Monday, July 21, 2008
It’s a shame that the New York Times didn’t publish Sen. McCain’s editorial response to Sen. Obama’s OP-ed last week. You can read the reprint on CNN here. If the Times actually put it to press, maybe a good number of people—especially these so-called moderates and independents who, supposedly, gravitate toward the phony “maverick”—could see just how extreme McCain’s prescriptions really are, and how shallow his understanding of the situation actually is.
“Progress has been due primarily to an increase in the number of troops and a change in their strategy,” McCain declares. The progress in question is the certifiable decline in rampant insane violence. Yes, that is partly due to the troop “surge” begun in 2007. To his credit, McCain also mentions—without naming it—the “Awakening Councils” of Sunni Iraqis, another US-led initiative. Going unmentioned is the crucial factor of the Mahdi army’s Iraq-Iran brokering of ceasefires that happened around the same time. And, needless to say, enough ethnic cleansing was going on in Baghdad and elsewhere that by necessity there is less violence. But, because this is about political expediency, it’s all you, Mac, and your courageous stand for the Surge.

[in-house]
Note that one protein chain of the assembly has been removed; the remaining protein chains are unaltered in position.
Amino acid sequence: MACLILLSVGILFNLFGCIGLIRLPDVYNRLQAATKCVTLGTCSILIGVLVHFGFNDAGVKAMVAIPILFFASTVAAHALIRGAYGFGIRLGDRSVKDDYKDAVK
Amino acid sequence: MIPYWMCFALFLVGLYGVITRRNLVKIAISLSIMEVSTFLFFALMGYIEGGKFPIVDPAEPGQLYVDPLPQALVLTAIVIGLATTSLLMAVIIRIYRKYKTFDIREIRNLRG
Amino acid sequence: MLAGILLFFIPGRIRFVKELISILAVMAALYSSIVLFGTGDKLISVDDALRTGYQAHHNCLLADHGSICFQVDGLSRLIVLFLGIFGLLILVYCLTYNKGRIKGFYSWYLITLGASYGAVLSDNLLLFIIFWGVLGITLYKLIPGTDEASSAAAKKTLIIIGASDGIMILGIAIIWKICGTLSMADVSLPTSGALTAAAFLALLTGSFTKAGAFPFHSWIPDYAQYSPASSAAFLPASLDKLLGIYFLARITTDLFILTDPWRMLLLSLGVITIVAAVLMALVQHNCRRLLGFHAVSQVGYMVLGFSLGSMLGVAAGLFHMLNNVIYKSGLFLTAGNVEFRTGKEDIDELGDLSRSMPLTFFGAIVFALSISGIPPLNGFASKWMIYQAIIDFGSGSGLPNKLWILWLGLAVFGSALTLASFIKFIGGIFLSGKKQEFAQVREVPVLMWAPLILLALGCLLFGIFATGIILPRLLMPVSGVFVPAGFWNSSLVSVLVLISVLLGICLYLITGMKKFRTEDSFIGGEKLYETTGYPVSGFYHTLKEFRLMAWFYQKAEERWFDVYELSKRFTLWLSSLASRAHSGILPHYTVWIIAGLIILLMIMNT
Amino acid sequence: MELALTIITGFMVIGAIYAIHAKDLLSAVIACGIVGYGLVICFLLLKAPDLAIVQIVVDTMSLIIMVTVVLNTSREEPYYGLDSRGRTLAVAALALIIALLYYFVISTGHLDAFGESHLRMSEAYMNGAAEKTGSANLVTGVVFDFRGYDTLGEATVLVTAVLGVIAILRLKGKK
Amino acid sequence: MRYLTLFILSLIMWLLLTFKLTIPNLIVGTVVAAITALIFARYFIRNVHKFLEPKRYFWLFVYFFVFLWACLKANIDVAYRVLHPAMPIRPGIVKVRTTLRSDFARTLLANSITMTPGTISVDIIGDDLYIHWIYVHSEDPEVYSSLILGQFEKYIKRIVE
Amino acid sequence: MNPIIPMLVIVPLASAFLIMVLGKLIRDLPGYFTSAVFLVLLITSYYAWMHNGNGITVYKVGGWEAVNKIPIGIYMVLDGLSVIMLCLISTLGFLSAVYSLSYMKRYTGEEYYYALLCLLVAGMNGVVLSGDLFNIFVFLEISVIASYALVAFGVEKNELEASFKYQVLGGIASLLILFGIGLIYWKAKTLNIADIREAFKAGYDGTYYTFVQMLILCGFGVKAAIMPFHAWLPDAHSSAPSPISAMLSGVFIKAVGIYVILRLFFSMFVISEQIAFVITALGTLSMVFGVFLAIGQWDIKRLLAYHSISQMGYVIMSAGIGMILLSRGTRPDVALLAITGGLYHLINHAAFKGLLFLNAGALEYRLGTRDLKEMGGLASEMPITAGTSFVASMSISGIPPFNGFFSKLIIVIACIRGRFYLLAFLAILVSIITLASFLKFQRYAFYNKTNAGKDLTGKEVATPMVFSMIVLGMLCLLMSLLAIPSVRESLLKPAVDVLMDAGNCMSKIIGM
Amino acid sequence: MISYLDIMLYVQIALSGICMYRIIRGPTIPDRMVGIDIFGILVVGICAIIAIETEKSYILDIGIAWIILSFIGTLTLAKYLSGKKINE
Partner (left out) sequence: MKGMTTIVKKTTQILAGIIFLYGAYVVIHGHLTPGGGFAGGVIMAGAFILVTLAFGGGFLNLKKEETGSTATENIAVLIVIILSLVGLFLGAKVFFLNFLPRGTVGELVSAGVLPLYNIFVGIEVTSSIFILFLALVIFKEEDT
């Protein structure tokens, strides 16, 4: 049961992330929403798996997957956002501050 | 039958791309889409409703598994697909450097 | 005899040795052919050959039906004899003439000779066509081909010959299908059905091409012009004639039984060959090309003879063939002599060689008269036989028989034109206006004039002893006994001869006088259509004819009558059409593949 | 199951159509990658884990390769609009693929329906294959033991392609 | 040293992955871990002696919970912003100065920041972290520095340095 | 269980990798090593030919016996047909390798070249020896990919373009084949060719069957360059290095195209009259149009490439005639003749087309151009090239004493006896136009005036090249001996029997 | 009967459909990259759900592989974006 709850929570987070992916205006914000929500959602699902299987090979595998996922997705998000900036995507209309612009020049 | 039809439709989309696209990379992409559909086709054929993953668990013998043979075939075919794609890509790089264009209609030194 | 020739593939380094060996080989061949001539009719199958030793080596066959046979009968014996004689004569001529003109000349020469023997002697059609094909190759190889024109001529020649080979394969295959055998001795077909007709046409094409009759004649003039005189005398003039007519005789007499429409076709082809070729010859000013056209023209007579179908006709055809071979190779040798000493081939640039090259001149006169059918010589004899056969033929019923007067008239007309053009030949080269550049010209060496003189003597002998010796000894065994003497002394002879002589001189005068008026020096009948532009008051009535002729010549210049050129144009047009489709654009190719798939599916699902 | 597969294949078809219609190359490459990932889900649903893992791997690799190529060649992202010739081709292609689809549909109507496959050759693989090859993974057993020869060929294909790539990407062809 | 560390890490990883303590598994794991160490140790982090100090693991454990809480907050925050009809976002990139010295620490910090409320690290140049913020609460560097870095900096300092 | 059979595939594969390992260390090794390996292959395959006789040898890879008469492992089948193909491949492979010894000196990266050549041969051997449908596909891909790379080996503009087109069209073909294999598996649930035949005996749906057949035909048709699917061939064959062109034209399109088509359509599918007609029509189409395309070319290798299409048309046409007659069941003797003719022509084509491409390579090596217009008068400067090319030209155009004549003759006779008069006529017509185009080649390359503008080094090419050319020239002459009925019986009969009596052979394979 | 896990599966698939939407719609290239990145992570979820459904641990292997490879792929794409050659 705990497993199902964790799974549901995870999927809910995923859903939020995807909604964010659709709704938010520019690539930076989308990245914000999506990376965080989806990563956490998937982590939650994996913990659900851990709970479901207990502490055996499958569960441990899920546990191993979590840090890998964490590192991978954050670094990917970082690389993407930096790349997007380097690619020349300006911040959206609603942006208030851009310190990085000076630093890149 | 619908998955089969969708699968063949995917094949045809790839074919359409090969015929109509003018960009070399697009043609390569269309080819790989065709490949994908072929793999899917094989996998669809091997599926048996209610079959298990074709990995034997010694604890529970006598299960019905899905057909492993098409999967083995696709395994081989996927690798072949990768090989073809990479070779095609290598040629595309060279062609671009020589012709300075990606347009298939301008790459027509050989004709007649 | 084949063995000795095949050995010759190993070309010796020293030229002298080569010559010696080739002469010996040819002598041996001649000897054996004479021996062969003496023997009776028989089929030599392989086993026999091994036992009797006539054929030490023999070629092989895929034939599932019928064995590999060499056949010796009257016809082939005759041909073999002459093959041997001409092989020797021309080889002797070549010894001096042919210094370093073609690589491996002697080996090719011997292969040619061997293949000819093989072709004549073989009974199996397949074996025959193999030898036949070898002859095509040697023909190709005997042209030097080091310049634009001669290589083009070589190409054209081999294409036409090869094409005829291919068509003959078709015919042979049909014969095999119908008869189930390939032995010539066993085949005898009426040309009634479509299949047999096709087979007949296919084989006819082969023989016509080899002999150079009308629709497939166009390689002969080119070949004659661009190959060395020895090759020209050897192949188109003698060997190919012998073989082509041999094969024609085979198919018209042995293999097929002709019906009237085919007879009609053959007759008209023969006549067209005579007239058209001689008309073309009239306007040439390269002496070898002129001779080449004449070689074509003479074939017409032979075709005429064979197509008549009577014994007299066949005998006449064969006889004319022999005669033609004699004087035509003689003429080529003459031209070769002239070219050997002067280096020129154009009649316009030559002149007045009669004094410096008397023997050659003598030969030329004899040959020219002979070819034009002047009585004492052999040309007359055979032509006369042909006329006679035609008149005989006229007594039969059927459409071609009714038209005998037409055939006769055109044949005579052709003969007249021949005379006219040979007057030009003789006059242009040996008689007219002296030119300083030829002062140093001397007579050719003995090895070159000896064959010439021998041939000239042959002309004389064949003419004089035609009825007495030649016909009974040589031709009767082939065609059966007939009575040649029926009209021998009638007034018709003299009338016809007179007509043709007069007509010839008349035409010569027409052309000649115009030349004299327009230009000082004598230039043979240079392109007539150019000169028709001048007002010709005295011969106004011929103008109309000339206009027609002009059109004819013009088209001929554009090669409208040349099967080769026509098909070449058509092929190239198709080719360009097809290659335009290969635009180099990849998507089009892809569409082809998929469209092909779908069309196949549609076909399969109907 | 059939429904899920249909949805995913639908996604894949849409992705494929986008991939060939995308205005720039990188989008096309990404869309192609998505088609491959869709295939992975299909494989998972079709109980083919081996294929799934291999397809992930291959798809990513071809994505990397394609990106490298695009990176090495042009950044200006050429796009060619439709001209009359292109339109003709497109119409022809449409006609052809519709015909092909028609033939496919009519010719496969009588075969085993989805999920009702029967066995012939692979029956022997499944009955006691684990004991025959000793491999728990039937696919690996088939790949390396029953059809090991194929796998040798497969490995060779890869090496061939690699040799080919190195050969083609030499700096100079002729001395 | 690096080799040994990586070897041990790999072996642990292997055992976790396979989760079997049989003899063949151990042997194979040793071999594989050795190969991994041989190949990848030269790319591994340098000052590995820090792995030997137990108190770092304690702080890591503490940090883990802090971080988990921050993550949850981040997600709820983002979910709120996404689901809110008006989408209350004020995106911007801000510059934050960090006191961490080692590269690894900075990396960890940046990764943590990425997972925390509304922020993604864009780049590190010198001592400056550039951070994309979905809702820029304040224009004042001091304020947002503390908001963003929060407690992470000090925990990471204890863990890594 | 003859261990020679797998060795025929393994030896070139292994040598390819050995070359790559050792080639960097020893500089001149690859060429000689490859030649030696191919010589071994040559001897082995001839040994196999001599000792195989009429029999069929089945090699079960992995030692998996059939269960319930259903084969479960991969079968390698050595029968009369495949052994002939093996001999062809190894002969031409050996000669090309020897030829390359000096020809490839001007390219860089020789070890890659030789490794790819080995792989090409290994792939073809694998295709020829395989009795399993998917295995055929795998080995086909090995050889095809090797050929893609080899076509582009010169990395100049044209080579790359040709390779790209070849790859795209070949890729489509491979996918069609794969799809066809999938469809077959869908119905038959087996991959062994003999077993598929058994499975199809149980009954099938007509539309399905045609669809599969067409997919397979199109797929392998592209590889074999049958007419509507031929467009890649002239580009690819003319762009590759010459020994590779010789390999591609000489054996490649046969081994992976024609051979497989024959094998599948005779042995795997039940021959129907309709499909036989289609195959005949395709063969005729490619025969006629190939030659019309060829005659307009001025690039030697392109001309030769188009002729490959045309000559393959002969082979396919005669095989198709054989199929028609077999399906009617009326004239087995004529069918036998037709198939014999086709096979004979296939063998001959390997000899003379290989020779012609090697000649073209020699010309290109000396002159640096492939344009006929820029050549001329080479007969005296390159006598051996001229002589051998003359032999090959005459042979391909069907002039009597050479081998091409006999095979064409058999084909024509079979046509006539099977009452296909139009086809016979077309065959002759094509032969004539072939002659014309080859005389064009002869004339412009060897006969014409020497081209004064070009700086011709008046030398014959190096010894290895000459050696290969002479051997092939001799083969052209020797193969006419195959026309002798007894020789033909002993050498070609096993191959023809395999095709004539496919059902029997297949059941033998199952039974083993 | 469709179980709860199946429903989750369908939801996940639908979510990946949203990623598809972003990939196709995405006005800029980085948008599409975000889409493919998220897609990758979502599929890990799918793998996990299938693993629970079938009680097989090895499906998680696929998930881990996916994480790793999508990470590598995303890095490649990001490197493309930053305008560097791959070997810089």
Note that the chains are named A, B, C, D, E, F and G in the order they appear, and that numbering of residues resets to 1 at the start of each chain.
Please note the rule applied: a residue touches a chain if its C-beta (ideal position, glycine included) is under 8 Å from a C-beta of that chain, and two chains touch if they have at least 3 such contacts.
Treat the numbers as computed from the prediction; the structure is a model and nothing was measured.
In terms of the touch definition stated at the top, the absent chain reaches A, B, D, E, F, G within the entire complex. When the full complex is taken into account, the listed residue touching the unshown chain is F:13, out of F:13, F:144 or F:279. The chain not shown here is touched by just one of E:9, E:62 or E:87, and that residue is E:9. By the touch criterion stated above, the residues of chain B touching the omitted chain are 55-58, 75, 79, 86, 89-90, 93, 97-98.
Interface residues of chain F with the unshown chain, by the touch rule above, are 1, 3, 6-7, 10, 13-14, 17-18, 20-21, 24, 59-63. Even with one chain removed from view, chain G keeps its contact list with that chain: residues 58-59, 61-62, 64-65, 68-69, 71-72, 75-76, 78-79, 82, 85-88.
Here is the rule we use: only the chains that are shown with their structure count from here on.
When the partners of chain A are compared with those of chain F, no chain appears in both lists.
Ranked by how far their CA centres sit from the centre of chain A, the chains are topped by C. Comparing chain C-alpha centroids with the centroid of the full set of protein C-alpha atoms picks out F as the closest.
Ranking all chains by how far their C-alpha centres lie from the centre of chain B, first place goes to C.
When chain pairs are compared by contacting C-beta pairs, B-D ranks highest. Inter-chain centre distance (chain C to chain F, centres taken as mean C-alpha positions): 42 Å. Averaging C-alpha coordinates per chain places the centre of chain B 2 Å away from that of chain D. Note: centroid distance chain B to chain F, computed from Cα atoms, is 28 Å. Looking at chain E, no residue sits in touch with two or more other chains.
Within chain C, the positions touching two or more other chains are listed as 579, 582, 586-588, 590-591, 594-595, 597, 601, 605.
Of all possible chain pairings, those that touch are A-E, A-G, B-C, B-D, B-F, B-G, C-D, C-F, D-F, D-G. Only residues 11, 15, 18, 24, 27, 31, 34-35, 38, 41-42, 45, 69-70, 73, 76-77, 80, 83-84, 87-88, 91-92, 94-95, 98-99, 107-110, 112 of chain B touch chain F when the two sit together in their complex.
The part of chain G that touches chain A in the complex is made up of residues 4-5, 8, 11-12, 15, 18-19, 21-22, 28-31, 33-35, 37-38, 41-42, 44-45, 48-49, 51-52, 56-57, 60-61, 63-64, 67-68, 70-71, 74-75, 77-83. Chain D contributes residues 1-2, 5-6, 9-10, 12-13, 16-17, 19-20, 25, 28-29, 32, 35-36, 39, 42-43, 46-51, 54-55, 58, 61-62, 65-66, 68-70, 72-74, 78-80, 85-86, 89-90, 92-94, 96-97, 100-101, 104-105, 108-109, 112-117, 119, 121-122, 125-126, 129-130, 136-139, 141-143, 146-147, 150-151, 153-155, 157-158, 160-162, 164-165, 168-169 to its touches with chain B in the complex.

“No one favors a permanent U.S. presence, as Senator Obama charges.” Okay, then why no mention of the gargantuan embassy we are constructing in Baghdad, or the Status of Forces Agreement? “The danger is that extremists supported by Al Qaeda and Iran could stage a comeback” if we withdraw, warns McCain. I don’t think this even merits much comment aside from repeating the fact that Qaeda fighters were not in Saddam’s Iraq until we launched the invasion five years ago. Iran “stag[ing] a comeback” in Iraq? Sorry, but that’s retarded. Iraq and Iran fought a bloody war for a decade. If Sadr is the radical, he’s also fiercely nationalist and his forces—Badr brigades and others—would repulse any Persian attempt to “conquer” once the vacuum appears following our departure.
I’m no expert, and Obama’s nakedly opportunistic efforts to put a progressive cloak on moves toward the “center” (e.g. right wing, the “responsible” imperial manager role) like his predecessor frighten and dismay me (see cartoon above), but it’s a very dangerous prospect to put into office yet another figure who doesn’t seem to know shit about something with such high stakes. Hopefully I’m wrong.